There are several tricky things about step two. For instance, one must know precisely where the libraries and include files for MySQL and Python can be found. On my system, MySQL 3.22.32 places the mysqlclient library in /usr/lib/mysql and the mysql.h include file in /usr/include/mysql. Python libraries can be found in /usr/lib/python1.5/config and the include file in /usr/include/python1.5. The command to compile MySQLmodule is:
myhost:~# gcc -shared -I/usr/include/mysql MySQLmodule.so
Another hint: the order of items in the above command line is important and must not be changed! Believe me, this is a hard-learned truth.
Step three consists of copying MySQLmodule.so to a directory where it can be found by Python at runtime. For Python 1.5 this could be /usr/lib/python1.5/lib-dynload, where other shared object files also reside. With Python 2.0 (which I also tested) I would recommend using the directory /usr/lib/python2.0/site-packages/.
Once the module is installed, it should be available from Python. It is a good idea to check this right away with a simple import statement such as:
myhost:~$ python Python 1.5.2 (#1, May 28 2000, 18:04:10) Copyright 1991-1995 Stichting Matematisch Centrum, Amsterdam >>> import MySQL >>>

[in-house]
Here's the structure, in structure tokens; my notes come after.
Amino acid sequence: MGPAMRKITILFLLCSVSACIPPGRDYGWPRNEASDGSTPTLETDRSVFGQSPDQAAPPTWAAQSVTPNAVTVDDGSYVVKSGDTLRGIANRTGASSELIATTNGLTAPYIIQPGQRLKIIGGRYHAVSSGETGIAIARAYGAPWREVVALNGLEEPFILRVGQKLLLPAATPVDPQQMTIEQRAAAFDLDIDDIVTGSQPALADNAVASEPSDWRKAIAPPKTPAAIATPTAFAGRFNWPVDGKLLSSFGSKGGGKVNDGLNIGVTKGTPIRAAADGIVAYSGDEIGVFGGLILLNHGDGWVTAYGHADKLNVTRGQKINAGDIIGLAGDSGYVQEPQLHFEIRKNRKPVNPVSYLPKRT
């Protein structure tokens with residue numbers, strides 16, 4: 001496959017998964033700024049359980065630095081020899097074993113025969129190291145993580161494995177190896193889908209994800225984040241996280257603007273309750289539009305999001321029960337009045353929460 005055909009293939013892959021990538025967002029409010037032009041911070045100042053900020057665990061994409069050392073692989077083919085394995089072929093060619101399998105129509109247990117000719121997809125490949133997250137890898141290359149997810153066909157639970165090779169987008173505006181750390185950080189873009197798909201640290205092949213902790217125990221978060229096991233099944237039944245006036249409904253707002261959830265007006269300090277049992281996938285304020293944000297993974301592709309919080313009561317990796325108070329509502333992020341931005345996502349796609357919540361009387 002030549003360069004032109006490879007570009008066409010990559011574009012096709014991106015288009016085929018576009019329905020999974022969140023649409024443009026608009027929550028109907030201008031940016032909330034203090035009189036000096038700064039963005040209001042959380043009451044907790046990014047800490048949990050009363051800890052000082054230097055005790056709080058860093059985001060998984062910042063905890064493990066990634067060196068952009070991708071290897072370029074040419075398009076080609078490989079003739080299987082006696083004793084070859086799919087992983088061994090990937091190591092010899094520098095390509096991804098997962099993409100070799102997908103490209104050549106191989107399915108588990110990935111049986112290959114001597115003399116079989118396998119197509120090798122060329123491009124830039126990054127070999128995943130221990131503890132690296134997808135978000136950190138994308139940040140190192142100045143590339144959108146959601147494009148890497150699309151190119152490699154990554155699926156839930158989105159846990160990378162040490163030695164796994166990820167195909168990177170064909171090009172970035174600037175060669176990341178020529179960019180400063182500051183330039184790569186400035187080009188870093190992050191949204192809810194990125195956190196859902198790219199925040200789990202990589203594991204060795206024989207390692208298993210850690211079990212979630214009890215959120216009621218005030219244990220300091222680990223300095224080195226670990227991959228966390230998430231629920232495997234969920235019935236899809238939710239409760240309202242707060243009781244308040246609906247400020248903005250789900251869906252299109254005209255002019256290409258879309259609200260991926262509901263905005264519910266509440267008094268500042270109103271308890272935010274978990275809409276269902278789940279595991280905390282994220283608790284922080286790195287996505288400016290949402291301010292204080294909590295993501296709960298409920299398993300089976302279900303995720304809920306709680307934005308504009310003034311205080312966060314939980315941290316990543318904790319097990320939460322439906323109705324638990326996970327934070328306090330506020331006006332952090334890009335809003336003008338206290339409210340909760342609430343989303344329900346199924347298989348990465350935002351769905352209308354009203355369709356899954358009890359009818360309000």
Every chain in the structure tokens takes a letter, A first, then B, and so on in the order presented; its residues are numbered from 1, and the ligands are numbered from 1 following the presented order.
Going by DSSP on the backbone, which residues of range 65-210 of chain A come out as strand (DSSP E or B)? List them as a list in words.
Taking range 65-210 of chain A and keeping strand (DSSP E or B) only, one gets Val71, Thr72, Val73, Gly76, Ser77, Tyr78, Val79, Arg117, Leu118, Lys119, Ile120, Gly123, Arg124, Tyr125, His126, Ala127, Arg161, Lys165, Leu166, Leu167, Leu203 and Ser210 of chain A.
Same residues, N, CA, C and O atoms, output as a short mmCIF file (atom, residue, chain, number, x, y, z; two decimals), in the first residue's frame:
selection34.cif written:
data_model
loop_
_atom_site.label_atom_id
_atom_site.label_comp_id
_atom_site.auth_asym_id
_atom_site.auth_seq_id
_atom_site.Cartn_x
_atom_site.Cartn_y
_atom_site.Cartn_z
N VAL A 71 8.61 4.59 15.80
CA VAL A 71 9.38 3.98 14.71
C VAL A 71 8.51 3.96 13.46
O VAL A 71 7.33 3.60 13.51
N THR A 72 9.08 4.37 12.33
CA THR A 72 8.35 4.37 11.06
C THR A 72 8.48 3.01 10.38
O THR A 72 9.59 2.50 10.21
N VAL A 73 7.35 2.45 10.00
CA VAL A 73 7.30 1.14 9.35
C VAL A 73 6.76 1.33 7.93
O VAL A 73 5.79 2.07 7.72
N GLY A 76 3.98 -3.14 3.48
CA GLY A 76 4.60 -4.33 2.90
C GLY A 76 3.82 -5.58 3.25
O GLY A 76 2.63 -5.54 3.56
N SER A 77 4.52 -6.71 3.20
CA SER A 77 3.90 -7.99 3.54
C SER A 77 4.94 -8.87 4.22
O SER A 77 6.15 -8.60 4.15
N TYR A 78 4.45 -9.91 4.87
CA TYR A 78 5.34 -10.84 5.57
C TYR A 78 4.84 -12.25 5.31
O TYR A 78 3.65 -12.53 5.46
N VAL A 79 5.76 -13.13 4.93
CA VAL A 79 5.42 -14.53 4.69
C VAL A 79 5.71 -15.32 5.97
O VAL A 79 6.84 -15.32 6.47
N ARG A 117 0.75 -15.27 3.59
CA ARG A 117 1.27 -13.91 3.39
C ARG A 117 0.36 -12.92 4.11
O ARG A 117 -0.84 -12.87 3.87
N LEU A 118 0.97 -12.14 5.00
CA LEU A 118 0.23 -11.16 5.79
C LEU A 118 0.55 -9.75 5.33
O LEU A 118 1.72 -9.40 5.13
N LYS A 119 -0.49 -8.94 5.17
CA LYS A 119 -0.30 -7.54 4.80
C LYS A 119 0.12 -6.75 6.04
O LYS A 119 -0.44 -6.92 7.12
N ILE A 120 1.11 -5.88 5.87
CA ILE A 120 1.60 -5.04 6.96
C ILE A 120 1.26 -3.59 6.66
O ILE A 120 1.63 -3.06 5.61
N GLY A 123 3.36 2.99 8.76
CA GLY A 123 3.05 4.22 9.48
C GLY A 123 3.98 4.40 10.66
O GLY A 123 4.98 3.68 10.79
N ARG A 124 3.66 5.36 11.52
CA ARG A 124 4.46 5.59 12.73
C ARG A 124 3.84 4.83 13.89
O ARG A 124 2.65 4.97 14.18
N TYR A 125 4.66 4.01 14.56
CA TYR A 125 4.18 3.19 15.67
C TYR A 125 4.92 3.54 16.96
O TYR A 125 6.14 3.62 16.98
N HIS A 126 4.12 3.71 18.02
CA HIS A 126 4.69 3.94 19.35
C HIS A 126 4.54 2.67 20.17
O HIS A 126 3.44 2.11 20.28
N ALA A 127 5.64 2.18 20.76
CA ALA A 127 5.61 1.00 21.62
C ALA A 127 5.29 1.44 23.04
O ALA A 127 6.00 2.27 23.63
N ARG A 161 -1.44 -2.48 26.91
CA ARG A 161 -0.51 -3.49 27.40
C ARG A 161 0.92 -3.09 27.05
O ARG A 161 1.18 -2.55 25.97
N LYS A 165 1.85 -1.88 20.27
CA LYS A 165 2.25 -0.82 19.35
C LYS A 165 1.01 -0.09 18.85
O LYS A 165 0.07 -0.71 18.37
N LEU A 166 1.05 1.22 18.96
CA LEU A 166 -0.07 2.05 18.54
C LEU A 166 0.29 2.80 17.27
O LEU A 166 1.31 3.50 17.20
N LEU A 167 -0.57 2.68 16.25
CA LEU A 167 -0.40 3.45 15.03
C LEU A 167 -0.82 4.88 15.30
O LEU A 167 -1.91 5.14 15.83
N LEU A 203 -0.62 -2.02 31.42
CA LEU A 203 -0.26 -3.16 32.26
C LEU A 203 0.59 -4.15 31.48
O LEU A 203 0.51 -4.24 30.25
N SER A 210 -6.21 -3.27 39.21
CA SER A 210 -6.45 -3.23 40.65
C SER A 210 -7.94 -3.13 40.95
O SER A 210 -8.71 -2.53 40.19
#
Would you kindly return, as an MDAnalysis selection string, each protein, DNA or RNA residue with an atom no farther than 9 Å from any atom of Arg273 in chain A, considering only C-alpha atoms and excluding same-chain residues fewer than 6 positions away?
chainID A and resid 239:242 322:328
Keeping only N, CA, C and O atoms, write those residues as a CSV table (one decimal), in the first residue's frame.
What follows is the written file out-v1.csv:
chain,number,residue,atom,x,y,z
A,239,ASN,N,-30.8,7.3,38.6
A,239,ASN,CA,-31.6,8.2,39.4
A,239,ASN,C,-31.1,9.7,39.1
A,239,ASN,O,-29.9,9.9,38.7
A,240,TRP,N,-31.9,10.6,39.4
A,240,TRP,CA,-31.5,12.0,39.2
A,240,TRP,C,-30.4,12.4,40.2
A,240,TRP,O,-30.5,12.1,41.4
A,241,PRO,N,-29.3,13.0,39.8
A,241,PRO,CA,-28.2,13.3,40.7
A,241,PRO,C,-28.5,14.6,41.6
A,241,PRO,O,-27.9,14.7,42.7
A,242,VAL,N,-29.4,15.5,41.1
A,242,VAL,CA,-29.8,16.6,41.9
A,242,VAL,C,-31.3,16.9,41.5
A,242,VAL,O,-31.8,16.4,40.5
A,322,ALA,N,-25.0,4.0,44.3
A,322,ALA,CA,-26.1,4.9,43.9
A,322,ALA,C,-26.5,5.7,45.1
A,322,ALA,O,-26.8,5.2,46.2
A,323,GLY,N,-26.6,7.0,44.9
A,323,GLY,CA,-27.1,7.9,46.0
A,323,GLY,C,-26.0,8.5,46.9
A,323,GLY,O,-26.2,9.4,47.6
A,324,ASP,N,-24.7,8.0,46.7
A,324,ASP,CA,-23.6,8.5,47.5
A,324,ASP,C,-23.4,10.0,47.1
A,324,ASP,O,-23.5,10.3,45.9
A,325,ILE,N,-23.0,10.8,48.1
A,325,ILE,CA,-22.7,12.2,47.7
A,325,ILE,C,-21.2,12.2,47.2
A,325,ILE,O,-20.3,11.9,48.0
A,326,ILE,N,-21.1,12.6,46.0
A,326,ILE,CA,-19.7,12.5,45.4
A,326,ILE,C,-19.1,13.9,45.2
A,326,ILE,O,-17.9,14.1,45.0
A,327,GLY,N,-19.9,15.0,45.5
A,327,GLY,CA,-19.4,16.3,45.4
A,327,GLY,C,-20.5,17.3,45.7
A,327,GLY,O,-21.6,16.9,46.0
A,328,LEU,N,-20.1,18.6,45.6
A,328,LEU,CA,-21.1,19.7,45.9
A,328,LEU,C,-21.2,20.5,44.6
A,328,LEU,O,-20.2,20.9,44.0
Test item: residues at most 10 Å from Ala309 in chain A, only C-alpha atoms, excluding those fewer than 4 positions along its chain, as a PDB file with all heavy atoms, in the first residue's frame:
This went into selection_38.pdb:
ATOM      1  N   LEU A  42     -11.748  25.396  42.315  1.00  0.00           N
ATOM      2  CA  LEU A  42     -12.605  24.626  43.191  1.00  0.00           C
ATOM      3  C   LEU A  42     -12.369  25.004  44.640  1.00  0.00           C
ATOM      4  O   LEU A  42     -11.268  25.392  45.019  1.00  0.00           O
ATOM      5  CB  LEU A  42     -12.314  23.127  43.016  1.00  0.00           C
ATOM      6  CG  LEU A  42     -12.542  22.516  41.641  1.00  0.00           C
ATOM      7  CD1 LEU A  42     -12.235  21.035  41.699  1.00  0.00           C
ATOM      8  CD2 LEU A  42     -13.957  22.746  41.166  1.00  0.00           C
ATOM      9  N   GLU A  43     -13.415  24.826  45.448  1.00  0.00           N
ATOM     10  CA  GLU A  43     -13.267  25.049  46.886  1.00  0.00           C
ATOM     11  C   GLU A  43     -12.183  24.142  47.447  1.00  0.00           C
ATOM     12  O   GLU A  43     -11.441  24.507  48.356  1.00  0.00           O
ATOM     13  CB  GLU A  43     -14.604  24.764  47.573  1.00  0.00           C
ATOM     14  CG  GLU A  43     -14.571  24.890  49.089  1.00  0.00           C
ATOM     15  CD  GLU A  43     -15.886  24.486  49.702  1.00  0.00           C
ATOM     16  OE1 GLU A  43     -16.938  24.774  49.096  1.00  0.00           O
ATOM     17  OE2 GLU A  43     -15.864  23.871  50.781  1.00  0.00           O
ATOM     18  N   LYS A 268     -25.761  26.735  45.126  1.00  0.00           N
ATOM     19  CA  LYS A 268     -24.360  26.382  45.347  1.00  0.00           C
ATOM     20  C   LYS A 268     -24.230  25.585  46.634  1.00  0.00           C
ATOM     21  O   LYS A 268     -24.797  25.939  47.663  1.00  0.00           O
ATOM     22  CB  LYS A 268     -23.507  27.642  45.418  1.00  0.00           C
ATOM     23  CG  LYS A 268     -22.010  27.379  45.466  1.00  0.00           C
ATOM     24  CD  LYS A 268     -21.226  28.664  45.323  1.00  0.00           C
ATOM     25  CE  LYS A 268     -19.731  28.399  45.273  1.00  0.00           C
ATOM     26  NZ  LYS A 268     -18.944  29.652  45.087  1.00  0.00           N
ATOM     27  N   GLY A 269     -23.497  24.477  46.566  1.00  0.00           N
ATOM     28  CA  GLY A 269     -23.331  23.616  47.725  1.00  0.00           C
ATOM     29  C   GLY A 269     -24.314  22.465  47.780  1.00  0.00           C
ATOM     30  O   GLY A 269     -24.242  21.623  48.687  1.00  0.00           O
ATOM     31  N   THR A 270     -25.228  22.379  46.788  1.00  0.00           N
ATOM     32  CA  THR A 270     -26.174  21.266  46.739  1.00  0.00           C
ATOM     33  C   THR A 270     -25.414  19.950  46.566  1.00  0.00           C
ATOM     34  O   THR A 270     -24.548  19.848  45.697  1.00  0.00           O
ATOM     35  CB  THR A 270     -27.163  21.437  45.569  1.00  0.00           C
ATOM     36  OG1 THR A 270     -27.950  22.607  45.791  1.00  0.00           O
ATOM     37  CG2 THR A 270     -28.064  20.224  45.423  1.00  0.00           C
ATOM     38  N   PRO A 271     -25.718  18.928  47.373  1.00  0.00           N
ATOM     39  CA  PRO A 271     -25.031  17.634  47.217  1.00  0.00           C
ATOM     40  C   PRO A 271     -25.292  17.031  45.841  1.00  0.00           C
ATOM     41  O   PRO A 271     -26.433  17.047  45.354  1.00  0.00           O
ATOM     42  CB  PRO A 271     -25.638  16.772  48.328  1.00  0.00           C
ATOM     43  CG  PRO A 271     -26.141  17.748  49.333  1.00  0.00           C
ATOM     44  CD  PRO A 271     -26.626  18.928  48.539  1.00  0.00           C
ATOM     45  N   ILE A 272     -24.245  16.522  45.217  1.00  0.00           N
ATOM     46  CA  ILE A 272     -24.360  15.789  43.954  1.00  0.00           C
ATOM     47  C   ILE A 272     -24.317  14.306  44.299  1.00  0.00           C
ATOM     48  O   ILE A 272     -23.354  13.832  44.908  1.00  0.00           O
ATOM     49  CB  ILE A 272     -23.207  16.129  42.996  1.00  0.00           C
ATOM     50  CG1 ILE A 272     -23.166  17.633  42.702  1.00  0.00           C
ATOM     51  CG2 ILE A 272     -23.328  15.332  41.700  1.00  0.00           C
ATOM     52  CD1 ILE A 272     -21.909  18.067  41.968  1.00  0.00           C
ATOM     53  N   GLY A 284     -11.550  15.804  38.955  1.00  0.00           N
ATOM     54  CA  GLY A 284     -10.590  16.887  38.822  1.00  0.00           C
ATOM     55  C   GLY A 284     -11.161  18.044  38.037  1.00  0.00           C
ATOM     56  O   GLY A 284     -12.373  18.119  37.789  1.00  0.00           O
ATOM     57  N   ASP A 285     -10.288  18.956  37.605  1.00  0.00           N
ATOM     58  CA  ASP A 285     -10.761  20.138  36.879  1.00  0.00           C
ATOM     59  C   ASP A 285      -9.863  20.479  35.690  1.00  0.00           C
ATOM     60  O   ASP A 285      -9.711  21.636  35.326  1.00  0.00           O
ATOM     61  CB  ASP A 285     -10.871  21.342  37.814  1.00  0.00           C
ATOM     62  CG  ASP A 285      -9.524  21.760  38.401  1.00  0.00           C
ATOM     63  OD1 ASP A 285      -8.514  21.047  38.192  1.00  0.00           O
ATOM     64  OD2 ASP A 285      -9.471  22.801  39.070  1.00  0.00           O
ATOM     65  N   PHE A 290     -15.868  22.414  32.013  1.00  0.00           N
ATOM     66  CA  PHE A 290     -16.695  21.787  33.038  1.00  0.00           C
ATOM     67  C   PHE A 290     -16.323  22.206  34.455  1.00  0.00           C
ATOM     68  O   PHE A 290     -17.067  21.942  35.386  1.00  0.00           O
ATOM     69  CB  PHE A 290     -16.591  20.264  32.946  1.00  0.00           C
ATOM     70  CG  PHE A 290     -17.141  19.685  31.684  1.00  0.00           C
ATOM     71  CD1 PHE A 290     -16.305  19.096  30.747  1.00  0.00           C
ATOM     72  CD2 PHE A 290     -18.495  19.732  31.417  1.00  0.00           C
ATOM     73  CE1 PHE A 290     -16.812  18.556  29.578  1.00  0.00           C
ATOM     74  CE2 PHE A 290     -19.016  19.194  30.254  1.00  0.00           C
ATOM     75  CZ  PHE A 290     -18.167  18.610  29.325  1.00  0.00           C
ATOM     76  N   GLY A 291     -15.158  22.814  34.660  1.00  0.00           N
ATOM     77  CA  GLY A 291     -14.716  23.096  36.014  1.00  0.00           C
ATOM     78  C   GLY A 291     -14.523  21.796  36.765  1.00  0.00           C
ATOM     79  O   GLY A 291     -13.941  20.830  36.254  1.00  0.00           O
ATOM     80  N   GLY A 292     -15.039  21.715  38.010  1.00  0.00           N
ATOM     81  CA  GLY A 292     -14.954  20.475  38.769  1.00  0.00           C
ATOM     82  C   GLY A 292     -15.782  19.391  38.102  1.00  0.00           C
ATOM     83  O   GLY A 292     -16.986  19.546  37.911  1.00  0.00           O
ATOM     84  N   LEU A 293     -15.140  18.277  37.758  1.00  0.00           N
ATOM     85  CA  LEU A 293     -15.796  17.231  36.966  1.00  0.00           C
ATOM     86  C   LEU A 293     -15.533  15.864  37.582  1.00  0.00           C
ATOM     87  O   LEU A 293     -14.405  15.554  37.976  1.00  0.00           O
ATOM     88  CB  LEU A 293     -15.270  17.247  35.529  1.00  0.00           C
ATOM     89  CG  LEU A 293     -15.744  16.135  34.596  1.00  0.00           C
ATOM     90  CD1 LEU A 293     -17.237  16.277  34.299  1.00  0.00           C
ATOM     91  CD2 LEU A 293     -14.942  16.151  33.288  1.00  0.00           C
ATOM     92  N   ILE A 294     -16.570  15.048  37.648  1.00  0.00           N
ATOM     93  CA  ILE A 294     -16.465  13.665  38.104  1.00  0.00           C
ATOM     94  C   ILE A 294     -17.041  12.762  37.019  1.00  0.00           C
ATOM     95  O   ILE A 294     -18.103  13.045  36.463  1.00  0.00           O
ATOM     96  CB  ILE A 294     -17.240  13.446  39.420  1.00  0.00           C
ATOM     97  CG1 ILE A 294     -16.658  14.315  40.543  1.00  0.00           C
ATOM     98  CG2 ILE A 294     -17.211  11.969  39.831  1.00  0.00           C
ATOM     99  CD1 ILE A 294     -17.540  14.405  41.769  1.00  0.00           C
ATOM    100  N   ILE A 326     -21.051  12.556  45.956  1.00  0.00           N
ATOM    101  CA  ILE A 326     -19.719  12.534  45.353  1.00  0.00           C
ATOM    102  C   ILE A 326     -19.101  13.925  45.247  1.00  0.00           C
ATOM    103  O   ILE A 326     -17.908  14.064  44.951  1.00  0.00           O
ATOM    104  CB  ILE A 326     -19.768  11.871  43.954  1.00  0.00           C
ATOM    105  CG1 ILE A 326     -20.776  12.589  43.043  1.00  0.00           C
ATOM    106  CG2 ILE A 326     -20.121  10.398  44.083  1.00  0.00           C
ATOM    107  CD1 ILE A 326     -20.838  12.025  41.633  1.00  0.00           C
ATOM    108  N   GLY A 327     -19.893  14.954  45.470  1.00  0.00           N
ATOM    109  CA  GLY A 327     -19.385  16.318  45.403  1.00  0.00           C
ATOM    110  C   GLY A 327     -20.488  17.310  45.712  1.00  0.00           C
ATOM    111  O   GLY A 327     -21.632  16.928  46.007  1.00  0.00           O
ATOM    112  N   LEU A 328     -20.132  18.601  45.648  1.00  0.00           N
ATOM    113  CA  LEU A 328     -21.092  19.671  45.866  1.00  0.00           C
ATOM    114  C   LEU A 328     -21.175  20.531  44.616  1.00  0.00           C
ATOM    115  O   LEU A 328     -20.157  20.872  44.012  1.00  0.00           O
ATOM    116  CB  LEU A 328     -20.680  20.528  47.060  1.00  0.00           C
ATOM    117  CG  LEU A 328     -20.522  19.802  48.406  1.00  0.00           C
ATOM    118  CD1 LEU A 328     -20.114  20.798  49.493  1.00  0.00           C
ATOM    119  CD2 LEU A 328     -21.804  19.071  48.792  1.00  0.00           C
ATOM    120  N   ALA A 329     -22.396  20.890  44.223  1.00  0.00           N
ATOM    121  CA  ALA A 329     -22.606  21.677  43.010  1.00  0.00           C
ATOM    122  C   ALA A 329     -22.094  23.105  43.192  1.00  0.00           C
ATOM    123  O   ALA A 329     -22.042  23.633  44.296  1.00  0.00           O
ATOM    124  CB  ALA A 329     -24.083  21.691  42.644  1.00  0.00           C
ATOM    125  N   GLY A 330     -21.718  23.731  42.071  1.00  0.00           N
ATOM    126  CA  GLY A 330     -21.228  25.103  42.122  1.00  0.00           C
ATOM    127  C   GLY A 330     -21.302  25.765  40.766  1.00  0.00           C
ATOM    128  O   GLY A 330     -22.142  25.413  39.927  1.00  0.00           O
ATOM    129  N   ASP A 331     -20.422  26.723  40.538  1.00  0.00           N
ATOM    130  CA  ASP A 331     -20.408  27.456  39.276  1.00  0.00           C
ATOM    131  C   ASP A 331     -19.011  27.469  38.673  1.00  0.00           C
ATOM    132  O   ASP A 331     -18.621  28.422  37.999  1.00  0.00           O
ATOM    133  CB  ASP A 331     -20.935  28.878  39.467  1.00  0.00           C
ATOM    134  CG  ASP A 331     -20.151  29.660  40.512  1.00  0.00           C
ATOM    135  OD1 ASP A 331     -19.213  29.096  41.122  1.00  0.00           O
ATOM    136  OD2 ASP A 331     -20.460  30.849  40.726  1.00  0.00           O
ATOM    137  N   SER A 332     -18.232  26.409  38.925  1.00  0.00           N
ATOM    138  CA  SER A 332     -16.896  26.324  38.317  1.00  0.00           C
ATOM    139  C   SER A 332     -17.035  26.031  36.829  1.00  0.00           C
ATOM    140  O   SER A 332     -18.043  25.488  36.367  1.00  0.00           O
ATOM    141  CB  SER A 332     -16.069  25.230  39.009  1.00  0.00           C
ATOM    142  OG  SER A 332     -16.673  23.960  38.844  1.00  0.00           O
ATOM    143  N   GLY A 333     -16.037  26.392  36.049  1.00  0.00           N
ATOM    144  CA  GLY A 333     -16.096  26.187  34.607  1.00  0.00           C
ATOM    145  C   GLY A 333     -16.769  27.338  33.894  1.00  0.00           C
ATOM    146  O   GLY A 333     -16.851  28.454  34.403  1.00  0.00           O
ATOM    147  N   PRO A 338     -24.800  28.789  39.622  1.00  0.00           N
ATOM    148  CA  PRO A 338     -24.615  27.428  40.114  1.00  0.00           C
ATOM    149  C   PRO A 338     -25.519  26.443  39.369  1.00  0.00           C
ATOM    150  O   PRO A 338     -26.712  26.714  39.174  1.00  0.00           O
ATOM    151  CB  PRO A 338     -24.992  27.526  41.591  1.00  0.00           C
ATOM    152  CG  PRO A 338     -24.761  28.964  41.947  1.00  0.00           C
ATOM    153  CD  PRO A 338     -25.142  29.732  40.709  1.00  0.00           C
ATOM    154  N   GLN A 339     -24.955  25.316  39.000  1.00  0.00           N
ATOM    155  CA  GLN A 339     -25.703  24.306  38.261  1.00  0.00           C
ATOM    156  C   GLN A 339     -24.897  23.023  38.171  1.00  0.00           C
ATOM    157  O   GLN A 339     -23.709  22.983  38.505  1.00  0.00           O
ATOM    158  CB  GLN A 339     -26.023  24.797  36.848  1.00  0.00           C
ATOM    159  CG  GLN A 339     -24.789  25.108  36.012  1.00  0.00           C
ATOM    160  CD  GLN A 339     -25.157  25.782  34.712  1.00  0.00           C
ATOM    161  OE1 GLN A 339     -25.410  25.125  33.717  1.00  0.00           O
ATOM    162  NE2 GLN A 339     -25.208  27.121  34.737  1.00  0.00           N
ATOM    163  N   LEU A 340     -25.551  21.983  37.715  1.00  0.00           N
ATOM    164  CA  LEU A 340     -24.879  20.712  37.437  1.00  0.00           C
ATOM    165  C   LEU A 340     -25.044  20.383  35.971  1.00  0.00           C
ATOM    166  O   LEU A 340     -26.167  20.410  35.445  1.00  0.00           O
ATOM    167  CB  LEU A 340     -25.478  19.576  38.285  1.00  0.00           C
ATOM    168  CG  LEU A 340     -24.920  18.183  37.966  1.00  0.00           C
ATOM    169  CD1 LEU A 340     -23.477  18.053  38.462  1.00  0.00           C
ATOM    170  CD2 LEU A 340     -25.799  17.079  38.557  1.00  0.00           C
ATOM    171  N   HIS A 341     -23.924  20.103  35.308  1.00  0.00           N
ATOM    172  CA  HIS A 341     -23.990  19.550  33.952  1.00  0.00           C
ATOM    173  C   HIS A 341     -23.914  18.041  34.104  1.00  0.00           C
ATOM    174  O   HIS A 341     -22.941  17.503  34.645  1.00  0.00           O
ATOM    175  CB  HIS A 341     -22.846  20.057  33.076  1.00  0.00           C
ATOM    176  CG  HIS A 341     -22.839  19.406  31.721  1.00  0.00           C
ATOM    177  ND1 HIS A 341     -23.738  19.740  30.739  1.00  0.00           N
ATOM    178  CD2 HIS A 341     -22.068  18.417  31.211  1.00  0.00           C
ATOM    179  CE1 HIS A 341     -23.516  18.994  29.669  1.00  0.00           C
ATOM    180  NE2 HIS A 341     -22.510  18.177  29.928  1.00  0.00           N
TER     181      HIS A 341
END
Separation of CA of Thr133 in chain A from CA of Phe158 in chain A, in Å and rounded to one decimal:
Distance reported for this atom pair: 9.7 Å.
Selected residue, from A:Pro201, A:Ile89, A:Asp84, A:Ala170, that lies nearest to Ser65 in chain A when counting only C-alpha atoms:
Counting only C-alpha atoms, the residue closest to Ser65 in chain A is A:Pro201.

If Python doesn't complain with an error message, chances are the MySQL module is properly installed and working.
Practical Task Scheduling Deployment
July 20, 2016 12:00 pm CDT
One of the best things about the UNIX environment (aside from being stable and efficient) is the vast array of software tools available to help you do your job. Traditionally, a UNIX tool does only one thing, but does that one thing very well. For example, grep is very easy to use and can search vast amounts of data quickly. The find tool can find a particular file or files based on all kinds of criteria. It's pretty easy to string these tools together to build even more powerful tools, such as a tool that finds all of the .log files in the /home directory and searches each one for a particular entry. This erector-set mentality allows UNIX system administrators to seem to always have the right tool for the job.
Cron traditionally has been considered another such a tool for job scheduling, but is it enough? This webinar considers that very question. The first part builds on a previous Geek Guide, Beyond Cron, and briefly describes how to know when it might be time to consider upgrading your job scheduling infrastructure. The second part presents an actual planning and implementation framework.
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With all the industry talk about the benefits of Linux on Power and all the performance advantages offered by its open architecture, you may be considering a move in that direction. If you are thinking about analytics, big data and cloud computing, you would be right to evaluate Power. The idea of using commodity x86 hardware and replacing it every three years is an outdated cost model. It doesn’t consider the total cost of ownership, and it doesn’t consider the advantage of real processing power, high-availability and multithreading like a demon.